STAR GAZING: Claire Danes said she often wears Fred Leighton on the red carpet, but perhaps she’ll be thinking about adding Montblanc to her mix.
The actress, who hosted the brand’s centennial party last Tuesday night at the Newspace in Manhattan’s Chelsea neighborhood, was admiring the patented star-cut diamond unveiled at the event that could form the foundation of a future fine jewelry collection. Danes enjoyed the evening out, holding court on a set of banquettes in a beige Calvin Klein dress and talking up “Stardust,” her movie that will start filming this year, co-starring Robert De Niro and Michelle Pfeiffer.
Illusionist Criss Angel, who set gasps through the crowd of 350 by swallowing a string and then pulling it out of the corner of his eyeball prior to the diamond unveiling, begged Danes to come on his show, “Mindfreak,” which kicks off its second season on A&E this spring. He was also working the crowd, talking up Tony Danza at one point. Danza, who said he came out in hopes of scoring a Montblanc pen, revealed that he’s one of the few remaining note writers.
“I’m Tony Danza, so everybody writes me back,” said the talk show host, before approaching the evening’s DJs and requesting that they turn the music down.
Jane Seymour was also showing off her hologram Montblanc pen, saying she uses it for her ink drawings, some of which may be included in the handbag collection she will launch on janeseymourhandbags.com in the coming weeks.
Other revelers included Mandy Moore, Marcia Gay Harden, Ashanti, Giovanni Ribisi, Jonathan Rhys Meyer, Pras of the Fugees and Padma Lakshmi, many of whom showed up just in time for Lauryn Hill’s late-night performance.
WATCH OUT: Omega will be celebrating the opening of its first U.S. boutique, a 1,600-square-foot space on Beverly Hills’ Rodeo Drive, with a ribbon-cutting ceremony on Thursday.
The opening coincides with several milestones for the 121-year-old Swiss watchmaker. This year marks the 10th anniversary of Omega’s collaboration with Cindy Crawford, which will continue, and ushers in a new face for the brand, 16-year-old golfer Michelle Wie.
Omega’s jewelry collection for women, launched in Switzerland last year, makes its U.S. debut at the Beverly Hills store, as does a line of watches created in homage to the world’s smoothest operator, James Bond. The Bond watches are slated to launch in July.
Finally, the company is restoring a timepiece owned by John F. Kennedy that it bought at auction for $420,000 this past December. The presidential relic will eventually make its home at Omega’s museum in Switzerland.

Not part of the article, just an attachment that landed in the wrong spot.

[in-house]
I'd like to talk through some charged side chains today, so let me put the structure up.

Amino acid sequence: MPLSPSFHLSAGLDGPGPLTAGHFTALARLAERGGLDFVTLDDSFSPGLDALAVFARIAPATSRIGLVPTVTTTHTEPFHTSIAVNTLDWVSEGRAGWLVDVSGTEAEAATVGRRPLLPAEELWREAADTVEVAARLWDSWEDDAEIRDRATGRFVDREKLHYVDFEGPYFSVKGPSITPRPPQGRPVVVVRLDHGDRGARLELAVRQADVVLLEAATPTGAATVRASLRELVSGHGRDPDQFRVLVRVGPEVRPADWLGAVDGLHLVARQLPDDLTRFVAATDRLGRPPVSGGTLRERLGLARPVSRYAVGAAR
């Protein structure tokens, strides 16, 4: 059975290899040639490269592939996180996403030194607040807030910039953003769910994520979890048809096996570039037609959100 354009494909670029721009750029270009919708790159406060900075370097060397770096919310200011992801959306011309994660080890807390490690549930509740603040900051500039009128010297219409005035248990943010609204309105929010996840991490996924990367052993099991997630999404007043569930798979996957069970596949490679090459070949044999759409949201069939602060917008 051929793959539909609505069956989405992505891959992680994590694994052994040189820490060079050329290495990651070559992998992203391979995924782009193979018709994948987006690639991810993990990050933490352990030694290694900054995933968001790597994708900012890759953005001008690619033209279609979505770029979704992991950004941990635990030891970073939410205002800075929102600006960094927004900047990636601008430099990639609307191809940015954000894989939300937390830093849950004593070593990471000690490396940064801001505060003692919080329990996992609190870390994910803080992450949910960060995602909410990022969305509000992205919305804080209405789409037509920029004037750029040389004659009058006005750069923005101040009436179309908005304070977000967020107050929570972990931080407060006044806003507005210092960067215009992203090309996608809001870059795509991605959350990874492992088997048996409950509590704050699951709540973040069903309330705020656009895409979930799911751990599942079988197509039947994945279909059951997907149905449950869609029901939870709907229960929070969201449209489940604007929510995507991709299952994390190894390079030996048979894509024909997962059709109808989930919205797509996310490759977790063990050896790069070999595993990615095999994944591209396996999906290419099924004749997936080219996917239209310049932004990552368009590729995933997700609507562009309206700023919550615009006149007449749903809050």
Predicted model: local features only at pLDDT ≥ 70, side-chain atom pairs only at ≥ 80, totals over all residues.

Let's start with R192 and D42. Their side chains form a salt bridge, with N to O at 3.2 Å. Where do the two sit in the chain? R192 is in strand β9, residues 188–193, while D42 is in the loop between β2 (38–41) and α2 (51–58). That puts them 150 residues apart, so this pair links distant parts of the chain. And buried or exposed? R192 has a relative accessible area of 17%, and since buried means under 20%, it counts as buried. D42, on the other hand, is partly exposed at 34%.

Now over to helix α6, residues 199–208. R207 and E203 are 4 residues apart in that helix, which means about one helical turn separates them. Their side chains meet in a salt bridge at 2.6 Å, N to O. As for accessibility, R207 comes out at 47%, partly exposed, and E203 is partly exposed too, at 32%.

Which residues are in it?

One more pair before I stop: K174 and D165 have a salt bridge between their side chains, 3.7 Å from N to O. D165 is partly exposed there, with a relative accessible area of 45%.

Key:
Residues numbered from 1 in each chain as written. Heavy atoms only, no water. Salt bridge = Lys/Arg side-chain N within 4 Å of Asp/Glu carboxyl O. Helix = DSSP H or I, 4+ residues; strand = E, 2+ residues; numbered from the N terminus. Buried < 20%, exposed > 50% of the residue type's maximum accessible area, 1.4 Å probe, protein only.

Besides the boutique in the U.S., Omega has 63 freestanding stores worldwide, primarily in Europe and Asia. Omega is considering New York for an additional location, according to U.S. brand director Gregory Swift.
TIFFANY TIMEKEEPING: A landmark show of 180 Tiffany & Co. jewels designed between 1837 and 1987 will open in June at The Gilbert Collection in London’s Somerset House.
“Bejeweled by Tiffany” examines the first 150 years in the American jeweler’s history and runs from June 24 until Nov. 26. In addition to the 180 works from the Tiffany archives, there will be a small selection of jewels on loan from private collections.
“Such an exhibition is well overdue,” said Timothy Stevens, director of the Gilbert Collection. “Tiffany’s creativity in the world of jewelry is not well known this side of the Atlantic, and it has long been my ambition to stage an exhibition that puts the record straight.”
The exhibit will feature iconic pieces, from the rippling American flag brooch fashioned from rubies, sapphires and diamonds, to the pearl necklace that president Abraham Lincoln bought for his wife, Mary, before the inaugural ball.
Earlier this month, Tiffany showcased its silversmithing heritage when it unveiled its trophy for the new Triple Crown of Polo, to kick off at the Sarasota Polo Club on March 26. The trophy, designed by the company’s craftspeople in its New Jersey workshop, comprises three separate trophies that represent each Triple Crown event and that come together to create a complete polo scene. Tiffany also created the Vince Lombardi Trophy for the National Football League, the Larry O’Brien National Basketball Association Championship Trophy and trophies for the World Series.
FRENCH DRESSING: Inspired by Sam Haskins’ 1975 narrative picture book, “Cowboy Kate,” French shoe designer Alexandra Neel decided to take her aesthetic one step farther for fall. “As I was designing the shoe collection, I kept imagining a complete look or silhouette of Kate [the book’s protagonist], which prompted me to expand into handbags,” said Neel, whose footwear sells at Bergdorf Goodman and Vivre. “I immediately started to sketch various chain handles, padlocks, buckles and other embellishments.” Neel’s first collection comprises eight styles, such as an east-west shoulder bag in silver leather with trapunto stitching details and a thin metallic chain handle, and a black velvet satchel with leather harnessing that fastens with a polished gold filigree fob. Neel’s bags wholesale from $250 to $550 and will bow in August at Jeffrey New York and Bob Ellis in Atlanta.
IN STRIDE: Jockey International Inc. is trotting into the U.S. sock market. The 130-year-old company, based in Kenosha, Wis., announced that it has signed a licensing agreement with Doris International Inc. to design, manufacture and distribute the items for women and men in the U.S.
Doris already creates a line of sheer hosiery for Jockey in America. In the women’s category, Jockey also offers underwear, sport items, sleepwear and thermalwear. The new sock assortment is geared toward department and specialty stores, and is expected to hit shelves in fall. Prices will range from $5 to $15. Doris is a U.S. subsidiary of Doris Hosiery Mills Ltd., one of the largest legwear suppliers in Canada.